Trivial Pursuits At last a game requiring a few brains 1 vs 100
Here's why I'm rooting for 1 vs. 100
(Friday, 8 pm/ET), NBC's latest game-show import, to catch on, even modestly.
I happen to be among the minority that's completely immune to the dubious charms of NBC's ubiquitous Deal or No Deal — or, as I tend to call it, "that stupid briefcase show." Even if it weren't so proud of its mindlessness, bragging that it takes no skill to play, I find the entire excruciating exercise as empty as many of those briefcases.
Now the same producers have taken Deal's format of wagering against ever-escalating stakes, and wedded it to a trivia-based rip-off of Who Wants to Be a Millionaire. The concept is simple yet effective: A single contestant faces a "mob" of 100 people sitting against a colorful wall, all answering trivia questions that start easy but get harder, like on Millionaire. Some of the mob are ringers, like game-show champ Ken Jennings. (When I saw him up on the wall, my inner Jeopardy! nerd felt right at home.) For every opponent the contestant knocks out, the kitty grows exponentially, up to $1 million. But if the player misses a question, it's over, and the remaining mob splits the loot.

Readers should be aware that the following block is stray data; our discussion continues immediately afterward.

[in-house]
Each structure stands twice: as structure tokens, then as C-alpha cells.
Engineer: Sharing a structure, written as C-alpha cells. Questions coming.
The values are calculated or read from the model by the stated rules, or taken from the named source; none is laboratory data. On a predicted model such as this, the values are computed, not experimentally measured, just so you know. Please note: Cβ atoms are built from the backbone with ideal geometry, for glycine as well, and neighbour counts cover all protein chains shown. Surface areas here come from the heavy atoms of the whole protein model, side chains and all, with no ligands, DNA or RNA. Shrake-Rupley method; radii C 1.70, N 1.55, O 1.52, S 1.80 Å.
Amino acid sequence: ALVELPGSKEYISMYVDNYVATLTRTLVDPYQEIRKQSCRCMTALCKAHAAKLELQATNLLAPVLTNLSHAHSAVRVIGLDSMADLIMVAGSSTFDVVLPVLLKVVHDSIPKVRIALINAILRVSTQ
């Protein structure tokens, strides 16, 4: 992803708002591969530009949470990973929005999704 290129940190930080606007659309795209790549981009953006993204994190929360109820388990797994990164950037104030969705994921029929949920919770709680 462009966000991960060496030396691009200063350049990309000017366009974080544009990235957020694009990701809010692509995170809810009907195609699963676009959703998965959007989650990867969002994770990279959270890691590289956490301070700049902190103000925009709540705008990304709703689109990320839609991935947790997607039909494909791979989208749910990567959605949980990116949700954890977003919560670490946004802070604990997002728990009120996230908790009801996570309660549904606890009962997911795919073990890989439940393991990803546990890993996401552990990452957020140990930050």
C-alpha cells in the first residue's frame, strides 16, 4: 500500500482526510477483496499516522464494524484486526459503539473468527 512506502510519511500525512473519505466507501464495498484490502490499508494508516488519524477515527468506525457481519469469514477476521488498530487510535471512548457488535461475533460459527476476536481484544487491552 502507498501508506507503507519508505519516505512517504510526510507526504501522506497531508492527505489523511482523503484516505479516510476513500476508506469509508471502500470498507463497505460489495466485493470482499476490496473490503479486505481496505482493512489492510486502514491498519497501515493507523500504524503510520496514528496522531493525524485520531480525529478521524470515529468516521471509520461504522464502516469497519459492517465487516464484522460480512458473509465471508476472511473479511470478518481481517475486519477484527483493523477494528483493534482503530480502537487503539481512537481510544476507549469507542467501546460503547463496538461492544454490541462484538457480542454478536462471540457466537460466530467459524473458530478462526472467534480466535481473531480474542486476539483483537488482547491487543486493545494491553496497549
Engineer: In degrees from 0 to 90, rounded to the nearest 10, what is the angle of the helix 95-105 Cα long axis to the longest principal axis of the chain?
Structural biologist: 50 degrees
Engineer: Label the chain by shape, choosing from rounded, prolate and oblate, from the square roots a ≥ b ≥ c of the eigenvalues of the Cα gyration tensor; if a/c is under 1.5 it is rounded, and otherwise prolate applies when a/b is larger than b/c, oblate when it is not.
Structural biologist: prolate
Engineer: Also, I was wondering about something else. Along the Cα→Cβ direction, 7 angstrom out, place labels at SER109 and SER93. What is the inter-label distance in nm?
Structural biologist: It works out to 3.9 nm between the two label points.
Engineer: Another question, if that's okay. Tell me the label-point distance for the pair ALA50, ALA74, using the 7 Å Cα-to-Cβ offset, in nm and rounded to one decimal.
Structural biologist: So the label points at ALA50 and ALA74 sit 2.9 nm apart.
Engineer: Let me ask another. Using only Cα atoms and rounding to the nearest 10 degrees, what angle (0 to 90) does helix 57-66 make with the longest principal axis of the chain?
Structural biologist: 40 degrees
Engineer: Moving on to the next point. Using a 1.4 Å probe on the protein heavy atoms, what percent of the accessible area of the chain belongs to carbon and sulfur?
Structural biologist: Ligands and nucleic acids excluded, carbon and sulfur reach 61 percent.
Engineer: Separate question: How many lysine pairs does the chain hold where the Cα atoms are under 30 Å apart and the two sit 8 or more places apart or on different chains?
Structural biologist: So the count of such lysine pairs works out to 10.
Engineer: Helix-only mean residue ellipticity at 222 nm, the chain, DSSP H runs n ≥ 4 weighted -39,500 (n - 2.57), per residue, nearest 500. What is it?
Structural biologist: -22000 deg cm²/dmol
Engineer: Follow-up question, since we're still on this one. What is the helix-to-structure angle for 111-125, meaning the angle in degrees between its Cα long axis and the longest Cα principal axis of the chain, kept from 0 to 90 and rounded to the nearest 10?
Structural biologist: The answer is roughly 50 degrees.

As the wisecracking host, Bob Saget is a bit smarmy, though way less icky than Deal's Howie Mandel. The game could move faster — Jennings looked sheepish, and a bit bored, in his box — but at least it doesn't stall (not yet) for the host to bribe the contestant to quit. Playing 1 vs. 100 takes more than guts. It requires at least a little bit of brains.
If NBC must use game shows as spackle to fill holes in its schedule, it could do worse. It already has.
Smooth sailing? Not on this ship. "She'll float till she sinks," warns a steward aboard a 19th-century warship turned creaky, leaky passenger vessel. The unsteady craft transports fascinating characters To the Ends of the Earth in a thrilling, grueling Masterpiece Theatre miniseries based on William Golding's 1980s trilogy. (Episodes air Oct. 22, 29 and Nov. 5; check listings.)
As the genre dictates, this self-discovery, though more graphic and less sentimental than most, focuses on callow aristocrat Edmund Talbot (Benedict Cumberbatch). Typical of the story's tough-minded approach, when Talbot falls in love, his reckless ardor is partly due to a blow to the head. (By journey's end, the passengers are as battered as the ship.)
Injury, illness and other calamities pepper this grand yet intimately scaled adventure. Though it's hardly a pleasure cruise, I hated to see it end.